Cameron Bancroft of the Australian cricket team was caught on camera tampering with the game ball during the test match in South Africa yesterday.
Bancroft and captain Steve Smith fronted up to a media conference, admitted in detail how they had planned to and then executed their plan to cheat, then spoke of “moving on” and it not “happening again”.
The Australian sporting public, and indeed the International Cricket community, are livid.
What is it in us that has reacted so strongly, to something that at the end of the day, is just a game?
The entire basis of sporting competition is to put your best foot forward, and those who perform at the highest level are rewarded by being deemed winners. Talent isn’t fair. Life dishes it out differently to all of us. But within the confines of a game that has clearly defined rules and boundaries, everyone is given a shot to do the best that they can with the talent they have been given.
Not so when rules are broken, on purpose, with the intent to make the contest unfair.
The ball is not to be tampered with. The bowlers are to try to do the best that they can in the way that they bowl the ball, not in changing the ball itself.
We have a national team captain in Smith openly admitting (when caught) to blatant cheating.
Smith sitting there in a media conference, explaining to us exactly how it happened, and then expecting that to be the end of the matter.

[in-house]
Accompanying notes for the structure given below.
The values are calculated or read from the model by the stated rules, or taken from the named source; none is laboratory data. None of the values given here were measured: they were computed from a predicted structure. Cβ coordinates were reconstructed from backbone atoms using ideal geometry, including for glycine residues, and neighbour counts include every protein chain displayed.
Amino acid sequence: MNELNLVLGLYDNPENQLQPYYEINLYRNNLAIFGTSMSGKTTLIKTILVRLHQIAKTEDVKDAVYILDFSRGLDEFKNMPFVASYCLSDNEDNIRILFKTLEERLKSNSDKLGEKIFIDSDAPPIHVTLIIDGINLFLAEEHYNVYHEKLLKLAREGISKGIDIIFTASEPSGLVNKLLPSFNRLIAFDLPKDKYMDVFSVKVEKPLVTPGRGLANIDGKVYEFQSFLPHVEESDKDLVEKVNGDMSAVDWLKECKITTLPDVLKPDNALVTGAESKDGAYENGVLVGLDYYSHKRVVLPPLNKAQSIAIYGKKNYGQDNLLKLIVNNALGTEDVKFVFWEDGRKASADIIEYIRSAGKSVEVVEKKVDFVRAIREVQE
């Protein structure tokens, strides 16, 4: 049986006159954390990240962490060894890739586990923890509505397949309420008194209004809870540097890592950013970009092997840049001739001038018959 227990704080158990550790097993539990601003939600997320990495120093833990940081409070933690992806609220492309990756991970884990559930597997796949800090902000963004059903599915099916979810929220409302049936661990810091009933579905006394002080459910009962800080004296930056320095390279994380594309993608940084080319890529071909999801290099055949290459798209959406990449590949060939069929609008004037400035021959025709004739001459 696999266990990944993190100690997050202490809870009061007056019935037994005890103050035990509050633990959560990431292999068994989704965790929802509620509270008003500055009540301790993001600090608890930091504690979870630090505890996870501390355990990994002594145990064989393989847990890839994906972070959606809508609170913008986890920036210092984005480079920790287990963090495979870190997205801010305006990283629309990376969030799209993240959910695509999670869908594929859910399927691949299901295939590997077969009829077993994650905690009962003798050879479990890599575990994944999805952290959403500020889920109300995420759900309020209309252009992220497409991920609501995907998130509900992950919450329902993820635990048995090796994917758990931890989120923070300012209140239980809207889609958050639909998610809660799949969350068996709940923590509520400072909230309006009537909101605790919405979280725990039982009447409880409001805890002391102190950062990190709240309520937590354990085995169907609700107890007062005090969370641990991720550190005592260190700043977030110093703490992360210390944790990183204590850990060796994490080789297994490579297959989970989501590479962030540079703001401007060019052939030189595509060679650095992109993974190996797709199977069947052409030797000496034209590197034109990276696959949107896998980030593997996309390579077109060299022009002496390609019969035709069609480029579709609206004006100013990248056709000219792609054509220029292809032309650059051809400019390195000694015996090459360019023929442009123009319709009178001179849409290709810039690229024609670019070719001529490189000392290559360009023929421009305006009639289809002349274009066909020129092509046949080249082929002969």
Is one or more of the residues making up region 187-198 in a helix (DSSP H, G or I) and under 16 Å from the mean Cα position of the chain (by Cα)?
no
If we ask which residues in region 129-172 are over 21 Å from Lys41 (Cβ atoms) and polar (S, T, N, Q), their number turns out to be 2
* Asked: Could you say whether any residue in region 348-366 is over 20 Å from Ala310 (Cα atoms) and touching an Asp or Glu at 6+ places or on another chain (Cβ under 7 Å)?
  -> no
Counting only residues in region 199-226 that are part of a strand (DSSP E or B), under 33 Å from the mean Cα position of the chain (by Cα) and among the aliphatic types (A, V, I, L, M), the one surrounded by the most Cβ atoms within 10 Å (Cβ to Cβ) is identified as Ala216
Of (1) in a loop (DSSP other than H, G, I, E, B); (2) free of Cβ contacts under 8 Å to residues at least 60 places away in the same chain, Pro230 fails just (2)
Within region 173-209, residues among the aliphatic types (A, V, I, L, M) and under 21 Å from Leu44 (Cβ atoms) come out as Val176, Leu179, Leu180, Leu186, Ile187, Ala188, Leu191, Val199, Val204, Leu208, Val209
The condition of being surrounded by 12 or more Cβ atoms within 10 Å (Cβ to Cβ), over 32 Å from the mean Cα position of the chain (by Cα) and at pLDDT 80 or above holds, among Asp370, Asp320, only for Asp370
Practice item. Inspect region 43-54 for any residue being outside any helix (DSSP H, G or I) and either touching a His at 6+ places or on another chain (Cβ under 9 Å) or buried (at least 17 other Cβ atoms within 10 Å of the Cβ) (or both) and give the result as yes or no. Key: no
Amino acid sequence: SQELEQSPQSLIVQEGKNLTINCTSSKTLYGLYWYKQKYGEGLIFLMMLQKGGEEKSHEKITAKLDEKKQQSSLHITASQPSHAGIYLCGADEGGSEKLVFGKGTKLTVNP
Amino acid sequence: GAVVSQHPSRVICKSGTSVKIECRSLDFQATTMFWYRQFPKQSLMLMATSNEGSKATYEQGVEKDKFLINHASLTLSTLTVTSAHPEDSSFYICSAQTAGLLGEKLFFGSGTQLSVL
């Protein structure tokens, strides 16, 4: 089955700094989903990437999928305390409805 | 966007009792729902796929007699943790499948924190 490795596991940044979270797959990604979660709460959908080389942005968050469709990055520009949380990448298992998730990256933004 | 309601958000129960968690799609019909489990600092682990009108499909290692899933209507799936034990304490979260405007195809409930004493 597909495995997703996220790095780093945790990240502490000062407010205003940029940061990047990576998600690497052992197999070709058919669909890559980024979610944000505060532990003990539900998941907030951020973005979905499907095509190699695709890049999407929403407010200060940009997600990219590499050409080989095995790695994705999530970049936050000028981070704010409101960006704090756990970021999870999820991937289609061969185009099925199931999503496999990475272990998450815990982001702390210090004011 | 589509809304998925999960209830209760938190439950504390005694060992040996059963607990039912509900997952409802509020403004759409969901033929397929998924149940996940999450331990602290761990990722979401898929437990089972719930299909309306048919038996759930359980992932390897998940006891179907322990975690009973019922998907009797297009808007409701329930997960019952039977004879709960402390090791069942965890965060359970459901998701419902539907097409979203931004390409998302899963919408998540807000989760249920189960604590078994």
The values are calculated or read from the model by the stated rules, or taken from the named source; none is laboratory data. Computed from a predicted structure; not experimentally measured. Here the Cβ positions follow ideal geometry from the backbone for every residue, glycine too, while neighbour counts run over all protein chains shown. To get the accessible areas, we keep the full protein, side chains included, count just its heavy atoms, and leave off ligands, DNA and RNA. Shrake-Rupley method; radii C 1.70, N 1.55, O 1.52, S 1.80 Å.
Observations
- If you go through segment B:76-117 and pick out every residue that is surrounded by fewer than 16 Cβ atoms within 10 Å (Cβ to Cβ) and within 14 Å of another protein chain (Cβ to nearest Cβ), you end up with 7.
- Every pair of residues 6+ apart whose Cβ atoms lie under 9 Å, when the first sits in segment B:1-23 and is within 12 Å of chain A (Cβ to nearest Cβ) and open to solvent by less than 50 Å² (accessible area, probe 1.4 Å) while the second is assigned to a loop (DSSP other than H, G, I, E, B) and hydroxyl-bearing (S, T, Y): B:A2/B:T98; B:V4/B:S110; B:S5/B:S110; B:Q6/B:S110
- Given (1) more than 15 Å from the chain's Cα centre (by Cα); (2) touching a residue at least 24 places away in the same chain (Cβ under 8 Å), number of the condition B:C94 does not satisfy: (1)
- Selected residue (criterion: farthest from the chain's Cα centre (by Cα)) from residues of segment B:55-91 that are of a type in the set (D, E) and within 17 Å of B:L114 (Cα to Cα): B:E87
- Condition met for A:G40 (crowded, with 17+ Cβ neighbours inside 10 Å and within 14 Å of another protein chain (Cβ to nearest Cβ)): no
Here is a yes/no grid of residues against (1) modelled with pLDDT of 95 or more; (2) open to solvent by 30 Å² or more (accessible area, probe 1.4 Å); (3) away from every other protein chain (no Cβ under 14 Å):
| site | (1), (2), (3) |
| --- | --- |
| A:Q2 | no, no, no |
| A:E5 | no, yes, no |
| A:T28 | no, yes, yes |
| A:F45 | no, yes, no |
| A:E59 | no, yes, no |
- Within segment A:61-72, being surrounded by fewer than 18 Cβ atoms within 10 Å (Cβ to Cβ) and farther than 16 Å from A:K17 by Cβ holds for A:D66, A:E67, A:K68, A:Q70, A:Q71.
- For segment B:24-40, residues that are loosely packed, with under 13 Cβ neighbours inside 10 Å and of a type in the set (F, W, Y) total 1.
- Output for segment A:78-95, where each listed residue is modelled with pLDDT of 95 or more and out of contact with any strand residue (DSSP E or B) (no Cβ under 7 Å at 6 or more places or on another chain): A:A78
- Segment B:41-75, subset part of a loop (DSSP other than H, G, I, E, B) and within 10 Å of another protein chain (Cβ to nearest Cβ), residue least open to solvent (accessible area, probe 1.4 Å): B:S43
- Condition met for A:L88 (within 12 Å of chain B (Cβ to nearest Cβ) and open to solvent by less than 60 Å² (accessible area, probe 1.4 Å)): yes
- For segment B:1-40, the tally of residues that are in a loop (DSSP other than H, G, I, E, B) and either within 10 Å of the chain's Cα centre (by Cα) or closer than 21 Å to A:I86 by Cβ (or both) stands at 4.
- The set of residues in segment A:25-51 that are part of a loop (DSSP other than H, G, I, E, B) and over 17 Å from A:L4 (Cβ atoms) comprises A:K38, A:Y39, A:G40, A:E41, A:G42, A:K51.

We cheated, we know we shouldn’t have, sorry about that. All ok now, right?
Anyone who watched Dean and Tracey on Married At First Sight last week can answer that question: no, it’s not all ok now. Saying sorry quickly afterwards doesn’t change the fact that you cheated. Something has shifted. As in relationships, so too in sport.
It doesn’t matter if you think other teams are doing it too. They too are in the wrong. Others doing something wrong has never been a good defence for why you decided to do the same.
The essence of sport falls down when people cheat. The integrity of sport is what makes sport worthwhile, and what gives audiences enjoyment.
A national sporting team holds up the values of the country. We do not want to be known as a country of cheaters, and yet that is what is reflected today.
My husband is a cricket lover and said tonight “I would rather we lose the Ashes many times over playing fairly than win a game because we cheated”.
Cheating makes sport empty and soulless. Don’t do that to us. And Steve Smith, let me borrow sentiment from Tracey on behalf of Australia: you don’t deserve us.